Starting a Family Newsletter
Your existing (and still living) family is one of your most valuable resources for any genealogy research, so don’t squander it. Try to stay in touch with as many people as you can so that you can touch base occasionally and continue to learn about your ancestors from them. Putting together your own family newsletter is a great tool for connecting everyone together.
Just remember that this is an ongoing type of project, not something you toss together because you are trying to harvest some names as a one-shot deal. If you want people to get involved, you have to stick with it. The purpose is to create an ongoing resource for the whole family, not just something your your immediate genealogy needs.
If it seems like too big a project, take it one step at a time:
Of course, the genealogy student in your will want the whole thing to revolve around history and ancestors. Well, not everyone is going to share your interest and you might find that fewer people are going to be interest. There may be other historians in your family, but I’m guessing that more people will be wanting to read about current personal news, family events, announcements and the sharing of photos. Ask around and see what people want, but basically plan on covering as much current family news as past genealogy research.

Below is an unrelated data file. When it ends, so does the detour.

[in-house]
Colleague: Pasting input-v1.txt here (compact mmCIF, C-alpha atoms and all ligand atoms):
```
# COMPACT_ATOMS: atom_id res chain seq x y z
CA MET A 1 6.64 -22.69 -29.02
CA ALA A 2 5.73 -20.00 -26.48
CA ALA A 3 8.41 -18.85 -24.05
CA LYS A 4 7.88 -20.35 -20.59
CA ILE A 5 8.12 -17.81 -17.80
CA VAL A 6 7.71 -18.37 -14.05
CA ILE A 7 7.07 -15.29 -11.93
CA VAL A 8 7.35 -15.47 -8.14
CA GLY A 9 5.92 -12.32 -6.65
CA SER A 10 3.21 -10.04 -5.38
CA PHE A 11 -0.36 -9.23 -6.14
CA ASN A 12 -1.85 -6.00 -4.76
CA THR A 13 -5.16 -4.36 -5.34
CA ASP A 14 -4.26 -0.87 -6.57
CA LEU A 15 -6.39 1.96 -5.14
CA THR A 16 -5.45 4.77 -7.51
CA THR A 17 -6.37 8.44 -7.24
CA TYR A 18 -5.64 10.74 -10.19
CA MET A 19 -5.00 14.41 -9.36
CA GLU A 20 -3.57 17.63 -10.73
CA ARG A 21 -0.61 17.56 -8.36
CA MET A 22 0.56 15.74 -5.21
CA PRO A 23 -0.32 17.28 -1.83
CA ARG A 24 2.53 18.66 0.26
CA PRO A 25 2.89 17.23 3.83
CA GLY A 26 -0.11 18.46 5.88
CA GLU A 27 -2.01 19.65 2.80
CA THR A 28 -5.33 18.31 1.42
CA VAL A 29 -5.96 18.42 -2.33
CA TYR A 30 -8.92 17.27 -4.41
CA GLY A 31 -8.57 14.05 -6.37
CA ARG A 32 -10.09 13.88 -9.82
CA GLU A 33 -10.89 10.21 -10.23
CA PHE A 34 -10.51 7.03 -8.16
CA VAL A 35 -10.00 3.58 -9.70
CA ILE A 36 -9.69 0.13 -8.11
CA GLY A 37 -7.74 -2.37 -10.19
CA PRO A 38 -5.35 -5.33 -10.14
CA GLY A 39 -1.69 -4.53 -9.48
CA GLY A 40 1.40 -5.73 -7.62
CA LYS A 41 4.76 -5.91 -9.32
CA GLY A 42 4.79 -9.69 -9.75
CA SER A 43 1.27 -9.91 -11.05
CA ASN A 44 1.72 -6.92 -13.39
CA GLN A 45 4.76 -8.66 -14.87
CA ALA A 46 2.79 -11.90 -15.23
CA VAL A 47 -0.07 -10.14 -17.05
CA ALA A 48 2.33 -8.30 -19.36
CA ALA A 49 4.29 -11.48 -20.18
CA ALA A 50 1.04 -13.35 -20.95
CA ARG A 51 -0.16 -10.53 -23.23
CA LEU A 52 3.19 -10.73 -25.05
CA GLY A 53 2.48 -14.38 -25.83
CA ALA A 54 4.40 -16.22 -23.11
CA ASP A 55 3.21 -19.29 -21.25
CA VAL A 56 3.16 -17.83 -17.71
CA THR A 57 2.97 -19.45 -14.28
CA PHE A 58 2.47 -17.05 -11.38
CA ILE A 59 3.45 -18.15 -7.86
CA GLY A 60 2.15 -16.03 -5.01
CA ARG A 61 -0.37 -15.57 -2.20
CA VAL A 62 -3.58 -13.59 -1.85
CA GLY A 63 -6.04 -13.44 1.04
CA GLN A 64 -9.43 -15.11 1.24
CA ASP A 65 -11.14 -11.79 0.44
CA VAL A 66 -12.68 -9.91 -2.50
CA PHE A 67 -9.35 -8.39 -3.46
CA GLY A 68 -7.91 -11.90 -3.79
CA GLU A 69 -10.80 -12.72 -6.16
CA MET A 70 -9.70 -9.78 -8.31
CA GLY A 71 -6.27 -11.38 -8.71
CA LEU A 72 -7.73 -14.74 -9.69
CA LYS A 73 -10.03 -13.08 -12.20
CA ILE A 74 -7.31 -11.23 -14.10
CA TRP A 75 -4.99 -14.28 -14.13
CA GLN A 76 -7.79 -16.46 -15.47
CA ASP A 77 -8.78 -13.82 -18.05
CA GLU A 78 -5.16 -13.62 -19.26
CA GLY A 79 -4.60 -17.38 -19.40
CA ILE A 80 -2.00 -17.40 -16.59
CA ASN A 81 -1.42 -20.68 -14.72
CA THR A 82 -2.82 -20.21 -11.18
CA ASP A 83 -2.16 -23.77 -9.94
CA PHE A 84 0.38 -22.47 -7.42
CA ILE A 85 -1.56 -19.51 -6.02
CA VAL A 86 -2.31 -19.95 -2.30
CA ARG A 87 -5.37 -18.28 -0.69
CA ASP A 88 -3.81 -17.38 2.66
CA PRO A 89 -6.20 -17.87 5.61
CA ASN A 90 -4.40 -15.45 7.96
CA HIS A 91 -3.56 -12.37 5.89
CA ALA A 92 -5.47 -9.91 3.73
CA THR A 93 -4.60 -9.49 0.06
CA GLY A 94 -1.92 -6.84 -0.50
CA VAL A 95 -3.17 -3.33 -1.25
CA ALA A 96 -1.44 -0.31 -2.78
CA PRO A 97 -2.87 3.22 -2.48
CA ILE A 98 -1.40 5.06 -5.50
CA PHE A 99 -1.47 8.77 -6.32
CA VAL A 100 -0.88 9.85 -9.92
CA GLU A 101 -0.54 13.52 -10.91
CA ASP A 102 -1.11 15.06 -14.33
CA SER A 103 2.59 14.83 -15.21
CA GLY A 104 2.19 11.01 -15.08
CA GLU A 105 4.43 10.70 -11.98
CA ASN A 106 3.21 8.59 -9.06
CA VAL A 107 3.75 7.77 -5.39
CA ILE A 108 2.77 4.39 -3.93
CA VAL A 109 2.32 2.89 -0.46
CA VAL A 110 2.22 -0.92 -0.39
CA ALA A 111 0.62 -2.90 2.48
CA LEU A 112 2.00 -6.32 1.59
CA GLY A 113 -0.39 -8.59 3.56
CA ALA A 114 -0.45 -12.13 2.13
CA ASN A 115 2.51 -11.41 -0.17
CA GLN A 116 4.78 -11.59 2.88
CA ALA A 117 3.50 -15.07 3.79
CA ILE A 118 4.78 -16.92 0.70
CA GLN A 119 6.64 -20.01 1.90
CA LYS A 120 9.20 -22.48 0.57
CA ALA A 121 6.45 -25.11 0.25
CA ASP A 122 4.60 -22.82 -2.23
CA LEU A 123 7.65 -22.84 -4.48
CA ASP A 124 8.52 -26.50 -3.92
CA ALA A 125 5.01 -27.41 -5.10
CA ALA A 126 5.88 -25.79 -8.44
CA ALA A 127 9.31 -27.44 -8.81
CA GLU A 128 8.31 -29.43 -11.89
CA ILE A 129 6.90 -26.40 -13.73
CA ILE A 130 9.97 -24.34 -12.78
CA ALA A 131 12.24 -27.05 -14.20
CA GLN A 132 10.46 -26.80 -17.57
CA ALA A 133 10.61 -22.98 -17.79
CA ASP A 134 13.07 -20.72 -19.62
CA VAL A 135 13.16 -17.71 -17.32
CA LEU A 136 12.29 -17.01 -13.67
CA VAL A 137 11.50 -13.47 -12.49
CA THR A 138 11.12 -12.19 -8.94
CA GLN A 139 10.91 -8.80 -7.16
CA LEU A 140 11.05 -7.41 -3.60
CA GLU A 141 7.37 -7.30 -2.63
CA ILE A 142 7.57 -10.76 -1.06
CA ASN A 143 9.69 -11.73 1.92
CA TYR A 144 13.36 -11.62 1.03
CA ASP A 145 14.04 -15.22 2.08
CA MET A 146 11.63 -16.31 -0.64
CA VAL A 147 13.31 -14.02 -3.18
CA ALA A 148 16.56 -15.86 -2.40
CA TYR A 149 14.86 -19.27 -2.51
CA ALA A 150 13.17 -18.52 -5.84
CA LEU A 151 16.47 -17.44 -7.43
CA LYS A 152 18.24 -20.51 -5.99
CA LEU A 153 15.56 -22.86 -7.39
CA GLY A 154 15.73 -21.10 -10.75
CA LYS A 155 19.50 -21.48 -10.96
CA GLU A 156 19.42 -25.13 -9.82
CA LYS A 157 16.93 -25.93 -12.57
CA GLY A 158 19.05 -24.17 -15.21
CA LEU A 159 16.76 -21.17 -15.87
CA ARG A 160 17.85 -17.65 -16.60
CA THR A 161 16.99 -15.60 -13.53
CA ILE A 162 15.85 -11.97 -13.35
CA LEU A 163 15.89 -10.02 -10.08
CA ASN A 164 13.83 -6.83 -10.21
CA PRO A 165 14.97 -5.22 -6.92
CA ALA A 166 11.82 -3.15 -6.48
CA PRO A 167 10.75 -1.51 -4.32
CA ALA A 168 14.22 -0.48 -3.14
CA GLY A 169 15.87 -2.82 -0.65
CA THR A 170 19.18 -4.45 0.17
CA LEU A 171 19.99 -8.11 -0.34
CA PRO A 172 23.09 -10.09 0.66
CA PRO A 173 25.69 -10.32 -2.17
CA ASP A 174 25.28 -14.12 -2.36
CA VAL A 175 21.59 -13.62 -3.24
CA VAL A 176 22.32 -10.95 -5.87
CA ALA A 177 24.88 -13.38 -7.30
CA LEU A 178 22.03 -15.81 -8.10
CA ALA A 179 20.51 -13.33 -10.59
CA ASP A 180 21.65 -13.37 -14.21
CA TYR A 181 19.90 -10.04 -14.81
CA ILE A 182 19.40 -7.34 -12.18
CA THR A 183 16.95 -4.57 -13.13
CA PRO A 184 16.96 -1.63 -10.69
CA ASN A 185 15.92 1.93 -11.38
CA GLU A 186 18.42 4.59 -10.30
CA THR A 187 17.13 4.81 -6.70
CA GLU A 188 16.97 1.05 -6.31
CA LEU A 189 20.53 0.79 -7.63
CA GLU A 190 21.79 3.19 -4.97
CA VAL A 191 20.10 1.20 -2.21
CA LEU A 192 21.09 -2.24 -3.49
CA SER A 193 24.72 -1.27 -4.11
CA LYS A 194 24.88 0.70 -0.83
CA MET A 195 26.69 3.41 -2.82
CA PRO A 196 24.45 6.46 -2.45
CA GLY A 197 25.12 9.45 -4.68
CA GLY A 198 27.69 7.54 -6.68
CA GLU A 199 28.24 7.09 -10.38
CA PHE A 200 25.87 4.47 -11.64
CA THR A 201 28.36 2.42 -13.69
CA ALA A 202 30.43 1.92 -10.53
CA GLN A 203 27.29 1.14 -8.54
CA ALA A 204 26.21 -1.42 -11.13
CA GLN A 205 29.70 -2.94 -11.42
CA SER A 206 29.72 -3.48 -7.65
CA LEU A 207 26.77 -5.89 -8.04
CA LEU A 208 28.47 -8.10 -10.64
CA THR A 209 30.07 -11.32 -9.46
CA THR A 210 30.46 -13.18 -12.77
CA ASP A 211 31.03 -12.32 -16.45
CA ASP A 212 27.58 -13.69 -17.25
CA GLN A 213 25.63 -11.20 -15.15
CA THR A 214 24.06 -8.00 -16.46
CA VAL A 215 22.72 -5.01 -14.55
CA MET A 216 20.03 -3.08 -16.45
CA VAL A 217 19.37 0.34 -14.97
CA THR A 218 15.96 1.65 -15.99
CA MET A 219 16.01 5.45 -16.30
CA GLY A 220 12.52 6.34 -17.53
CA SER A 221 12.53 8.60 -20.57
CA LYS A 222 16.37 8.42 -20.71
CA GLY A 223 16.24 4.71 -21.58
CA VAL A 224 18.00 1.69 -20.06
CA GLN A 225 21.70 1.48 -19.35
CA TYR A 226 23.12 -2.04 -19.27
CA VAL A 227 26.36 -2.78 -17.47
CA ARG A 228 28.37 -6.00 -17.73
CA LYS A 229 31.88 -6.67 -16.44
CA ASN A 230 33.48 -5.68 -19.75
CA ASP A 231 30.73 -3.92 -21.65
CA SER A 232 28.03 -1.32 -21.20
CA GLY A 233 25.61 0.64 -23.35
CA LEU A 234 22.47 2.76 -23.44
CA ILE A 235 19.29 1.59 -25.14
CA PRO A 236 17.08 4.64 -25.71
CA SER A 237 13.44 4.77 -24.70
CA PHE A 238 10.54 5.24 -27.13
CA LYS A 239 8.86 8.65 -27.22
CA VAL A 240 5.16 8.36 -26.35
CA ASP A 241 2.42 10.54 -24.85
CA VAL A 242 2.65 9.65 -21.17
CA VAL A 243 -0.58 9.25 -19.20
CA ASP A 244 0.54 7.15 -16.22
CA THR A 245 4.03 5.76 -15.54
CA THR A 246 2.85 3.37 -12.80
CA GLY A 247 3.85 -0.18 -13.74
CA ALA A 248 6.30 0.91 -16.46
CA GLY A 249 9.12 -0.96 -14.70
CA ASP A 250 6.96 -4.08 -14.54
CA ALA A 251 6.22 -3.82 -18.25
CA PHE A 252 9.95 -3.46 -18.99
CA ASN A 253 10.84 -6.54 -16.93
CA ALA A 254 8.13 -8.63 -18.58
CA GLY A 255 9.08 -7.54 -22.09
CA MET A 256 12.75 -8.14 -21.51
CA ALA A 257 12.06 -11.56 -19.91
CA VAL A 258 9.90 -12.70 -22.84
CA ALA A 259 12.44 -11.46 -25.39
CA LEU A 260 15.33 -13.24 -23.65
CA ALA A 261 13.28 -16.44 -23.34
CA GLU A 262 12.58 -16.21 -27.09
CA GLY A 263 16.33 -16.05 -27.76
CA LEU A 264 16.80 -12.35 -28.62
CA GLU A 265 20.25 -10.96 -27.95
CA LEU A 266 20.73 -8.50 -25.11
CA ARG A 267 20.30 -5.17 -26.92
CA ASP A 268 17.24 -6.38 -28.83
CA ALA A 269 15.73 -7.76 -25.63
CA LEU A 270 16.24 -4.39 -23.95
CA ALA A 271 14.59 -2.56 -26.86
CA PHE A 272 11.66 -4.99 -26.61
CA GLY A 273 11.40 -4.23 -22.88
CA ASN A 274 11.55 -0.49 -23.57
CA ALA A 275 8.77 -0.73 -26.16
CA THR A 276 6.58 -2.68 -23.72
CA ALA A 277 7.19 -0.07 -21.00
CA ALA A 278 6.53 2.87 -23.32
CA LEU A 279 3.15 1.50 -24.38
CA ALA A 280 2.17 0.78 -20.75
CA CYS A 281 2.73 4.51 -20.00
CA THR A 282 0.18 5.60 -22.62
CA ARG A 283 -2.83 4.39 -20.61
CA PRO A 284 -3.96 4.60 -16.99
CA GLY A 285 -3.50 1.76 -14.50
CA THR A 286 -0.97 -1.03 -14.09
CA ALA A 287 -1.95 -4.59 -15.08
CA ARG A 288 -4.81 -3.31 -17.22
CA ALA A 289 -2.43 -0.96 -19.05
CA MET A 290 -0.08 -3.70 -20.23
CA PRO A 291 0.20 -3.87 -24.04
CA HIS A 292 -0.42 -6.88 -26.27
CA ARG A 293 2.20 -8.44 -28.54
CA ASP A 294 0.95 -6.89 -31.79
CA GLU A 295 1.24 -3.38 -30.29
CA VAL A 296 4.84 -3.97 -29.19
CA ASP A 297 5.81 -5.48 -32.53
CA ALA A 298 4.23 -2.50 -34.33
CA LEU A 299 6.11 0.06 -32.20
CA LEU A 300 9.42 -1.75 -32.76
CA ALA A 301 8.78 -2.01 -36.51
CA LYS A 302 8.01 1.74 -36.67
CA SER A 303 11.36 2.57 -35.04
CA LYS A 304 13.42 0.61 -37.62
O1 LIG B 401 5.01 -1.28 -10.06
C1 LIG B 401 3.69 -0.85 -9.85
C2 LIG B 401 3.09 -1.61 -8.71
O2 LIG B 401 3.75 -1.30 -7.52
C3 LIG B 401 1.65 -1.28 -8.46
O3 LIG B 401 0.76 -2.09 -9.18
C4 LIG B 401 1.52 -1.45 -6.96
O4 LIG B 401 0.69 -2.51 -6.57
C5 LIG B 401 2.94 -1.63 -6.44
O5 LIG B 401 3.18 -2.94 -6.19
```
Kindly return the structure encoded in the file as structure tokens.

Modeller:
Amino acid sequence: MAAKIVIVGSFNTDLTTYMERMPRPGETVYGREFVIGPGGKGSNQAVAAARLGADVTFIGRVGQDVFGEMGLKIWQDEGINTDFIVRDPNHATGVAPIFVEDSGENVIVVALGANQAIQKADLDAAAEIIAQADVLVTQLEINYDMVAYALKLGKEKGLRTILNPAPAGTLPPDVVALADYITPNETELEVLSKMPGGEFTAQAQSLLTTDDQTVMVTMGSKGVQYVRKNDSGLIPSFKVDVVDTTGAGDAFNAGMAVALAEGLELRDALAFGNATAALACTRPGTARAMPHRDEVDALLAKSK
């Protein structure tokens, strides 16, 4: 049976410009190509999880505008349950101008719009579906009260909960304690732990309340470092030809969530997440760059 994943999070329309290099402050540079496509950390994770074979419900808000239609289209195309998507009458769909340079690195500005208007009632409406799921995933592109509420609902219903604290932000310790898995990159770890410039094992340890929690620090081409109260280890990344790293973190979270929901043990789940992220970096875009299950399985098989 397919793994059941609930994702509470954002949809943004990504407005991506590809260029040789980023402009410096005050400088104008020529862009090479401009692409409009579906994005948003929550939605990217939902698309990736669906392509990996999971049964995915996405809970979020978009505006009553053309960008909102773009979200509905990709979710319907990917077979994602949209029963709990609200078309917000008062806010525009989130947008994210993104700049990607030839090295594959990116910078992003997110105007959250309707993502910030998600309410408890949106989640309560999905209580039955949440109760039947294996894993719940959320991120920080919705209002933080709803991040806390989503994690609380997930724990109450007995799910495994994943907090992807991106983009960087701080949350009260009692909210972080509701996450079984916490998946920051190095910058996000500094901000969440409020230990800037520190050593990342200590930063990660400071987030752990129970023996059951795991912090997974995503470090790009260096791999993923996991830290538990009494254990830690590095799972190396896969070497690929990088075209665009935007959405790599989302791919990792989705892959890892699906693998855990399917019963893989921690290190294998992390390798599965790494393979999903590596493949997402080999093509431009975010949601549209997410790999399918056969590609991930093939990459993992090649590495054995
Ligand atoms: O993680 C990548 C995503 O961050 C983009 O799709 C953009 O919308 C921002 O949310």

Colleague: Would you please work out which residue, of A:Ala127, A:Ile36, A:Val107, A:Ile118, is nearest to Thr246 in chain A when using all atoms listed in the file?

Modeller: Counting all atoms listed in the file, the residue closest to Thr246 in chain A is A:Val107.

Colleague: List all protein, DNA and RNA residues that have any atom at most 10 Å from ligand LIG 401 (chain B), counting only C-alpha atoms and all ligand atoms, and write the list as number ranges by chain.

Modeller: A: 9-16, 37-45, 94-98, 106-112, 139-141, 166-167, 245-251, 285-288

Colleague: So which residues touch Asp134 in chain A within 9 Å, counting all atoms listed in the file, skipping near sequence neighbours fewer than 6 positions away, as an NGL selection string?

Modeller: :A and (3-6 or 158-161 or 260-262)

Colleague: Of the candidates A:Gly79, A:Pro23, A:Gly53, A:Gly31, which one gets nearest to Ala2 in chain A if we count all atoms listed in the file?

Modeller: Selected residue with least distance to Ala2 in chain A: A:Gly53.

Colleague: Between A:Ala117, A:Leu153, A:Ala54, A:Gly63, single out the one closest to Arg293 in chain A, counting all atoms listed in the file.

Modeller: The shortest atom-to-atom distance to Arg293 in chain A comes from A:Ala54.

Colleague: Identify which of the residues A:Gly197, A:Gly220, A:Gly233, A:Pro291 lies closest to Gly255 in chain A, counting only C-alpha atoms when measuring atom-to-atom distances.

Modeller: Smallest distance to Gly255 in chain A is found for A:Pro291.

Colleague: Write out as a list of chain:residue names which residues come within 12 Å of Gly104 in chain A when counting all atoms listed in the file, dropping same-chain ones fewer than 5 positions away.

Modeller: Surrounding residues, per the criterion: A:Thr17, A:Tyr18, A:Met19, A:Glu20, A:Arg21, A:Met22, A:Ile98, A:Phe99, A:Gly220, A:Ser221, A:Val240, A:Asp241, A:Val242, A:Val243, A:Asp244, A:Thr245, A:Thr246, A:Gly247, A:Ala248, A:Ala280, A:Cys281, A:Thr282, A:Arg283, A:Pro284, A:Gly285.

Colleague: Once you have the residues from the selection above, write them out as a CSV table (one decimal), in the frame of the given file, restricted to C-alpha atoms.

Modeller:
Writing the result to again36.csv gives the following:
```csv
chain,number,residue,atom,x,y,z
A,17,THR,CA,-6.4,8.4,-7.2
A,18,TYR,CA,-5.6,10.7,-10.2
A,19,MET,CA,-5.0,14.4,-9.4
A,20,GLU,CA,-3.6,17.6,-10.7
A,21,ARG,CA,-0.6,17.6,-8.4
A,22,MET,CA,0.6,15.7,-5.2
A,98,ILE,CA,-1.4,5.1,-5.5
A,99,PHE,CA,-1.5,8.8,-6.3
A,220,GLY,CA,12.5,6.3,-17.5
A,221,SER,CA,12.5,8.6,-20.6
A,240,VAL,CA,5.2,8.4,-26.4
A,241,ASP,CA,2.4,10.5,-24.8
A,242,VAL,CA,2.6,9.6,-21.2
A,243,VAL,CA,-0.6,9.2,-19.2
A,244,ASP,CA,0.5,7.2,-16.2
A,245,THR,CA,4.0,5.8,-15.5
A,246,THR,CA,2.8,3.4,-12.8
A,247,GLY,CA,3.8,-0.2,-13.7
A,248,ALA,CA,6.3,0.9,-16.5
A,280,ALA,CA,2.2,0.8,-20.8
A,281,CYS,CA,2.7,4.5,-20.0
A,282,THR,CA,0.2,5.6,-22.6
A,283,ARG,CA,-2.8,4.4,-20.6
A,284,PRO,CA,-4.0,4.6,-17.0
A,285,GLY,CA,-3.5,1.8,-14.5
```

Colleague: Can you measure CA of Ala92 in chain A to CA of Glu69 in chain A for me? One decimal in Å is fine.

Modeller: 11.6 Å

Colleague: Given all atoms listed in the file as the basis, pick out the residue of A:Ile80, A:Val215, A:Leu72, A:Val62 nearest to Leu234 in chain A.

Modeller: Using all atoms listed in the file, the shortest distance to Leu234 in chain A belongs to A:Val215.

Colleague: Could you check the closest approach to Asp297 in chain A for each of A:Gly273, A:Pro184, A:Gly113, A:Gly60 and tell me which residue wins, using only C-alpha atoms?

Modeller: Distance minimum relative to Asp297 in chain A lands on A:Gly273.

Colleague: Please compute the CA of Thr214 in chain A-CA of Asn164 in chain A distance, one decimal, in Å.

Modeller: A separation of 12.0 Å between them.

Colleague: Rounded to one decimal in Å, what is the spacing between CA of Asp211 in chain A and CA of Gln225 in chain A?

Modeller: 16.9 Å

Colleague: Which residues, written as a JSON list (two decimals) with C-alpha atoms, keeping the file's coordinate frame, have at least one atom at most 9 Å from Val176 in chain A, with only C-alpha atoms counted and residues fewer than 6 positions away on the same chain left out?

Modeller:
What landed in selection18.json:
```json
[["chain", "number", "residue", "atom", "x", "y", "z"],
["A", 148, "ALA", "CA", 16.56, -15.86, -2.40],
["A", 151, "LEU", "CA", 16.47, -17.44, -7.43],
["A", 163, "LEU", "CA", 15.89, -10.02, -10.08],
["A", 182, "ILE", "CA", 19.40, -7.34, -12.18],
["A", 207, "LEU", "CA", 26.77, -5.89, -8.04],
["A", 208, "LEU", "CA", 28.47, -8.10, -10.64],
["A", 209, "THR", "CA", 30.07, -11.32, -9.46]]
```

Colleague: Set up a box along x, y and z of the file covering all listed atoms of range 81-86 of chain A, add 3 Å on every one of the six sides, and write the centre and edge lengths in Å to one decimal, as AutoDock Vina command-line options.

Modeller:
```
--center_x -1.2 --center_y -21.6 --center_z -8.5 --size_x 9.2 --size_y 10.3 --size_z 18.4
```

Get Others Involved
It will make your job a lot harder if you try to do the entire thing on your own. The best way to find out all the latest family news is to have people let you know, rather than try to seek it out. Each issue should remind folks that you want their stories and photos, and make it really easy for people to reach you. Older relatives will likely prefer a snail-mail option but have email on there too.
This is pretty open. Too often and you’ll get overwhelmed trying to constantly be putting it together and postage costs will start to get high. Monthly would be nice but you’ll need a big family who is interested in participating to make that work. Maybe try once per quarter or bi-annually. If you do it too infrequently, then people aren’t going to be too happy hearing about someone’s latest news 8 months later.
These days, digital newsletters are just as common as “old fashioned” paper ones so you do have an option for your family newsletter. Mailed copies will mean supply and postage costs, though it may be more appealing to older relatives who aren’t as comfortable or interested with online documents. You’ll have to make this call yourself. You could always offer 2 formats if you don’t mind recreating your newsletter each time in both styles.